The backup blocks 8 are managed with the secondary location table 7. To retrieve a specific backup block 8 a, 8 b, 8 c, . . . 8 n, the backup and recovery control mechanism 24 of the secondary system 2 accesses the secondary location table 7 to retrieve the address of the specific backup block 8 a, 8 b, 8 c, . . . 8 n.

There is no need to back up the alternate key table of the primary system 1 since it is easily restored, but if high-speed recovery is desired, it may be maintained on the secondary system 2.

The description following relates to backing up alternate key tables. A method for storing alternate key tables is described in JP Kokai publication no. H11-31096 (1999) and is illustrated in FIG. 10. A secondary alternate key table of exactly the same size and format of that on the primary system is provided on the secondary system. This is a file made up of sets of blocks, in which each block is assigned a block number. When the content of the primary alternate key table is updated, the primary system acquires the B log containing the pre-update data and then transmits the A log containing a description of the post-update data to the secondary system, following the same procedures as when a primary block is updated. The secondary system uses the information in the A log to update the secondary alternate key table. Since blocks are assigned block numbers in the alternate key table, block numbers should be included in the A log. The secondary system uses the block numbers to look blocks up in the secondary alternate key table and update the blocks affected.

In a system that also makes use of pre-alternate key tables, pre-alternate key tables would also be created on the secondary system in the same format as on the primary system.

The description following relates to the performance of data updates. On-line data processing is performed continuously on the primary system 1, and data updates are performed directly on the primary system 1. Sequencing of data transmissions between the primary system 1 and the secondary system 2 may be either synchronous tightly-coupled or asynchronous loosely-coupled.

Synchronous tightly-coupled transmission synchronizes backups by the secondary system 2 with updates on the primary system 1 and assumes that the secondary system 2 and the primary system 1 are coupled by a nearby means of high-speed transmission.

Asynchronous loosely-coupled transmission assumes that the secondary system 2 is located some distance from the primary system 1, primarily in order to cope with a disaster, and that they are connected via telecommunications lines.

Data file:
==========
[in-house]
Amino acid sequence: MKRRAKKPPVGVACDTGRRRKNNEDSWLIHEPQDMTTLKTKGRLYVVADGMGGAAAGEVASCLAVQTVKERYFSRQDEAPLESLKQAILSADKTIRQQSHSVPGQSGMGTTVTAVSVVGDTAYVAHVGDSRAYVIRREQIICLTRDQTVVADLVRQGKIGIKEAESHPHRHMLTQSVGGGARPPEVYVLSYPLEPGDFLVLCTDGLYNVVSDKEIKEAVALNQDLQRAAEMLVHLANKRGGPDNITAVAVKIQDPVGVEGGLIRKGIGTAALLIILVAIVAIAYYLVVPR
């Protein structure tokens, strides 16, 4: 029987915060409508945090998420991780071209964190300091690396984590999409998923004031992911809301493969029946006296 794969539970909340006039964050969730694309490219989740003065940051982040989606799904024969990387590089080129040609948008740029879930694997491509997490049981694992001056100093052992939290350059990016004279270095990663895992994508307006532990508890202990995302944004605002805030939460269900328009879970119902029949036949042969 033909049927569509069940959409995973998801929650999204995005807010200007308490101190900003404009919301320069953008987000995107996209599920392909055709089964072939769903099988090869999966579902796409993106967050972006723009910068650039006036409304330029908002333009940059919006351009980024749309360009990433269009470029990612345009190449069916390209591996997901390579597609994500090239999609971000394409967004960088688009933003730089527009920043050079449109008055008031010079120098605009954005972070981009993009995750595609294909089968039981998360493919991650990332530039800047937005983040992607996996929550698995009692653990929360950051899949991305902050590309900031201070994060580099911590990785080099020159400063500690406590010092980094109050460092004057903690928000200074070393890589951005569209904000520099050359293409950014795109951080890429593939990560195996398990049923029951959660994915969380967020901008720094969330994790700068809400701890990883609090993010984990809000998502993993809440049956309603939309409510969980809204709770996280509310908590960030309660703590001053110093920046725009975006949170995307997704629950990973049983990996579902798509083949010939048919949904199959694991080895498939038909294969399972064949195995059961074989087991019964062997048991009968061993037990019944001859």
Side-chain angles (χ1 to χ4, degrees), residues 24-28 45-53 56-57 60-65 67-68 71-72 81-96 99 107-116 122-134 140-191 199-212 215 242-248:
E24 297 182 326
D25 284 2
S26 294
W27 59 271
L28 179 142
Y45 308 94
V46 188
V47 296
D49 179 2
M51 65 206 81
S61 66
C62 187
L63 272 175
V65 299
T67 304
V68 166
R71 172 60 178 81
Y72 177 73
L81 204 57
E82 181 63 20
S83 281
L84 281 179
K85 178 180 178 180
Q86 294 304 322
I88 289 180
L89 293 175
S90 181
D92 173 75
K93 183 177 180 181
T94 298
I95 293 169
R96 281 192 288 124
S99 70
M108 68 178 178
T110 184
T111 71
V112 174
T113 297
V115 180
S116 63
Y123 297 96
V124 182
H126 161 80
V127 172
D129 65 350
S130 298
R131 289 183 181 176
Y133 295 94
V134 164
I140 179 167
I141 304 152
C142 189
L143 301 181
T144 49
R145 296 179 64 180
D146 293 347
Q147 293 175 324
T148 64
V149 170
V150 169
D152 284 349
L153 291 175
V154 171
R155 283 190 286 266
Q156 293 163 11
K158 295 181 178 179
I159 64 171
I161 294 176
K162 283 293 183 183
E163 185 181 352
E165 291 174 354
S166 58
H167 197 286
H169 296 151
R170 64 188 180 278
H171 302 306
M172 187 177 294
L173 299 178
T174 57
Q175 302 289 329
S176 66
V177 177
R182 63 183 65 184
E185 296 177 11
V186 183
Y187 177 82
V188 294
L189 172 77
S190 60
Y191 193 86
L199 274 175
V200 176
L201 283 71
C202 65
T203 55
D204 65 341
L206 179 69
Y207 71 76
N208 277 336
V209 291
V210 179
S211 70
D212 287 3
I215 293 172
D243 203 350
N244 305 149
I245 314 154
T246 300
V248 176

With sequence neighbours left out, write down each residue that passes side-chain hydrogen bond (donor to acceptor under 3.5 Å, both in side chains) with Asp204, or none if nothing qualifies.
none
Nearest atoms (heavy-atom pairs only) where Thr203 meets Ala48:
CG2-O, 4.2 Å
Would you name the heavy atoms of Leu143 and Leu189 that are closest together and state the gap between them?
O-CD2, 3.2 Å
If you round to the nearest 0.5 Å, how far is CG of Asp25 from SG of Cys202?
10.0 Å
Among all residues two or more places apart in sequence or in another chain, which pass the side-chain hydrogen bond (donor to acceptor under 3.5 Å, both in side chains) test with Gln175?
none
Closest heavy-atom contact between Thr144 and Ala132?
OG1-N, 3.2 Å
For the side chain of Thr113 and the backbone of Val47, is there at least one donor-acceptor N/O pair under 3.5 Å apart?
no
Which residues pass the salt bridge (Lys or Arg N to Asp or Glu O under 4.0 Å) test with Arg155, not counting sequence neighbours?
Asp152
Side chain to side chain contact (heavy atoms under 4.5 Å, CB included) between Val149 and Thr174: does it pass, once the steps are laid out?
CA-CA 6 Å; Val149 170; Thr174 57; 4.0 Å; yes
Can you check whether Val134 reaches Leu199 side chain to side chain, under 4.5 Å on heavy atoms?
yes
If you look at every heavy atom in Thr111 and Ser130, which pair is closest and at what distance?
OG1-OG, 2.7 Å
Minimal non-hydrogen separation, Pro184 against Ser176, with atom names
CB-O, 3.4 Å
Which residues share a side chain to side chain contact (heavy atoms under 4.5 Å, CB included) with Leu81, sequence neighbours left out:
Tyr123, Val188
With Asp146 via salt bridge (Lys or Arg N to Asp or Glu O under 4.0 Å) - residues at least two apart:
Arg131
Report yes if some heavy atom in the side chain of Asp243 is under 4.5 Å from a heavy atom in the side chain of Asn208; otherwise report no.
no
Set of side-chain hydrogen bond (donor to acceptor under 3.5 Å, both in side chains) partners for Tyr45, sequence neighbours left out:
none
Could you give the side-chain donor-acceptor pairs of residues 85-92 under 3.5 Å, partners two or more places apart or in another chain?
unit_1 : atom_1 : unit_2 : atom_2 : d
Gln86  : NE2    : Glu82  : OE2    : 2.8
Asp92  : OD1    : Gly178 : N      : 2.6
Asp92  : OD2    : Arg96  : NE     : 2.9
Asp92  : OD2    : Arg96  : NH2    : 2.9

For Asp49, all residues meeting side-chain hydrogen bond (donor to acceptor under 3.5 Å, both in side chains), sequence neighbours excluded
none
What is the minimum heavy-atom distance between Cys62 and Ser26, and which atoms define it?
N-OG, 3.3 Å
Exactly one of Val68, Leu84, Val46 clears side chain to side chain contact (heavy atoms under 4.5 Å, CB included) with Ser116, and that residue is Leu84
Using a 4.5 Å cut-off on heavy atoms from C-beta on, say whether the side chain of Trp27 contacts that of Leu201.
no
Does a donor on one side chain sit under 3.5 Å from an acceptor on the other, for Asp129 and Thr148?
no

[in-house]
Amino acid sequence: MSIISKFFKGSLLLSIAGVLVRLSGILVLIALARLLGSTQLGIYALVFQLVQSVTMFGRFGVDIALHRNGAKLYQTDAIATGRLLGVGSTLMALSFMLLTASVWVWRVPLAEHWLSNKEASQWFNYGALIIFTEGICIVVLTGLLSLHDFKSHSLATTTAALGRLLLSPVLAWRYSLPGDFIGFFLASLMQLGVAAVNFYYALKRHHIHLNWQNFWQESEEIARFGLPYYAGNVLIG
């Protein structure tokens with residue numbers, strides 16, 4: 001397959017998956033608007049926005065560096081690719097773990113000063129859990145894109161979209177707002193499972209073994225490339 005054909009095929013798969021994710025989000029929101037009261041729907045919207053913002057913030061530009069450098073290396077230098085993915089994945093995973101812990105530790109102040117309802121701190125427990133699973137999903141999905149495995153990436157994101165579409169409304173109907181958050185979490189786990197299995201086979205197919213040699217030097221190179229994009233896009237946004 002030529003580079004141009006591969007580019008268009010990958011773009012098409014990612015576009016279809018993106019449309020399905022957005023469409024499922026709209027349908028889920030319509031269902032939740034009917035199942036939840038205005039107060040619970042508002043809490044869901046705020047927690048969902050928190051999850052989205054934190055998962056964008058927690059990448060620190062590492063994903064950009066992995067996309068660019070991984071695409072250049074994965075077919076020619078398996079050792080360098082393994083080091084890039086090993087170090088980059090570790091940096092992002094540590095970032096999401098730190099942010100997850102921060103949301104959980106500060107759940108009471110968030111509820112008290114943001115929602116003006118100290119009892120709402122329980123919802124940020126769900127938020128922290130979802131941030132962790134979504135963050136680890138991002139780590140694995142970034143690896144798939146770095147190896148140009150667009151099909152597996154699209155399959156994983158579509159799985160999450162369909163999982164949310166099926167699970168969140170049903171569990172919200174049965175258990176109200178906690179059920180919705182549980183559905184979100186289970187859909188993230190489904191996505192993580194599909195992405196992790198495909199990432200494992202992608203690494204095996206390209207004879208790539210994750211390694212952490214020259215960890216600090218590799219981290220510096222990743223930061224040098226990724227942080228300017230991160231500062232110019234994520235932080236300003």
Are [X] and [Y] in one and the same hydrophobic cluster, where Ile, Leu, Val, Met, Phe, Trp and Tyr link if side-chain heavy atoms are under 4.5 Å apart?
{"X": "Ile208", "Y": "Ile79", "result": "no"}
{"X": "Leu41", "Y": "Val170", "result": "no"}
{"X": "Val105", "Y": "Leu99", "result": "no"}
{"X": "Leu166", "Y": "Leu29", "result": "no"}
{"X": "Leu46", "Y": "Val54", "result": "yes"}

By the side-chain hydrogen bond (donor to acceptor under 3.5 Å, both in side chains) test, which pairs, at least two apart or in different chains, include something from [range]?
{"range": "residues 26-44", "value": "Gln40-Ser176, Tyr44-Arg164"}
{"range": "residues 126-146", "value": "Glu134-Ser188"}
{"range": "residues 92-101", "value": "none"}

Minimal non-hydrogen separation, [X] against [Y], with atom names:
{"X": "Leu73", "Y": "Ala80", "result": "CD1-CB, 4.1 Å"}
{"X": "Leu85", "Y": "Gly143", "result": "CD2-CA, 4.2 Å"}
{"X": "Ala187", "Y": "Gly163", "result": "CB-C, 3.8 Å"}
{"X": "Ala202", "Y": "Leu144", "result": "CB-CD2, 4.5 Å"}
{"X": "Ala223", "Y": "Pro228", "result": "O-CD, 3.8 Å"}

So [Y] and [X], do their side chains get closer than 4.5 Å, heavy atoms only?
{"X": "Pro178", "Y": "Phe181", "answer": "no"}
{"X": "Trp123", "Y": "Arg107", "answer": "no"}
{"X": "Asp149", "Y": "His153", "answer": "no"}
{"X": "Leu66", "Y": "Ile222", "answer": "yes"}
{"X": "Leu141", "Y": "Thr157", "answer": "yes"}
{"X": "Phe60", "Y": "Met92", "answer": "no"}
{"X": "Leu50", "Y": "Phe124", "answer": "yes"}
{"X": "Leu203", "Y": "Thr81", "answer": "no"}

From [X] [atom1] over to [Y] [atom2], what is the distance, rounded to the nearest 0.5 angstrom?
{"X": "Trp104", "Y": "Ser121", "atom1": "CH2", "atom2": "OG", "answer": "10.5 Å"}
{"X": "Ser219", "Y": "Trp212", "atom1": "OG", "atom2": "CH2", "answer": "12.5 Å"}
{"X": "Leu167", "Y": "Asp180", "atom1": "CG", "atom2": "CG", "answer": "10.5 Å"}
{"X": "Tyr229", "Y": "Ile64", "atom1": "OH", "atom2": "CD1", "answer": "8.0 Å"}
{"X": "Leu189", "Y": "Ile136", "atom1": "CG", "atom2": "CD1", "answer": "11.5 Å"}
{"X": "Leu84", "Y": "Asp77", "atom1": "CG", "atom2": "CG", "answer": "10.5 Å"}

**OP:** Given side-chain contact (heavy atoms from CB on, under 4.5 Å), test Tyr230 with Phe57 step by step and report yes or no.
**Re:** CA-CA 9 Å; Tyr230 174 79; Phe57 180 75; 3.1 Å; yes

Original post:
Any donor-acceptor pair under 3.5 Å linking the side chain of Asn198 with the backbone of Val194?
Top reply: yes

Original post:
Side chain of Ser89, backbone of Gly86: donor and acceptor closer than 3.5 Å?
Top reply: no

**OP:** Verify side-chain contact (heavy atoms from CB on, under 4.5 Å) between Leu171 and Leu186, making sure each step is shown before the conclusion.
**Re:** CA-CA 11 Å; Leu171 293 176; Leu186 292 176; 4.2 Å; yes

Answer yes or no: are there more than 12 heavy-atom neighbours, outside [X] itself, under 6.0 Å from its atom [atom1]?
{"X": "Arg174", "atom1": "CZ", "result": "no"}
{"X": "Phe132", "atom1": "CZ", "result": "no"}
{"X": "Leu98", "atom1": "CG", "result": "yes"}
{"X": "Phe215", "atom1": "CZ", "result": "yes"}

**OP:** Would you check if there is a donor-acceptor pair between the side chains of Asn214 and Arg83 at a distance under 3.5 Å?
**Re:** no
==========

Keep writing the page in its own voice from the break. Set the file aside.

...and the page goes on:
The description following of using synchronous tightly-coupled transmission makes reference to FIG. 5 and FIG. 6, based on FIGS. 1 through 4. FIG. 6 illustrates the operation of a synchronous tightly-coupled data backup and recovery system.

When the processing of a transaction is initiated (S101 in FIGS. 5 and 6) on the primary system 1, the primary system 1 transmits (S102 in FIGS. 5 and 6) to the secondary system 2 a message that a transaction has been initiated. This message includes information that specifies the transaction. This message transmits a transaction number.

After the transaction has been initiated, if any updating (including additions and deletions) is performed on the data, the data update is performed directly in the applicable database 18 in the RAM 12 of the primary system 1. In addition to the content of the post-update data (A log), the nature of the update (differentiating among updates, additions and deletions) and file identification, the message should also include the number of the block where the data is stored and the leading address of the record in the block. The transmission of this data speeds up the reading of the locations written to on the secondary system 2. The term “file identification” refers to a means of identifying the updated file on a single system where multiple files are present and it would not be possible to execute the processing without the knowledge of which file was updated.

The backup and recovery control mechanism 14 of the primary system 1 transmits (S104, S106, S107 and S108 in FIGS. 5 and 6) to secondary system 2 this information, with a transaction number and information, such as a transmission time stamp, allowing strict discrimination of the data sequence attached.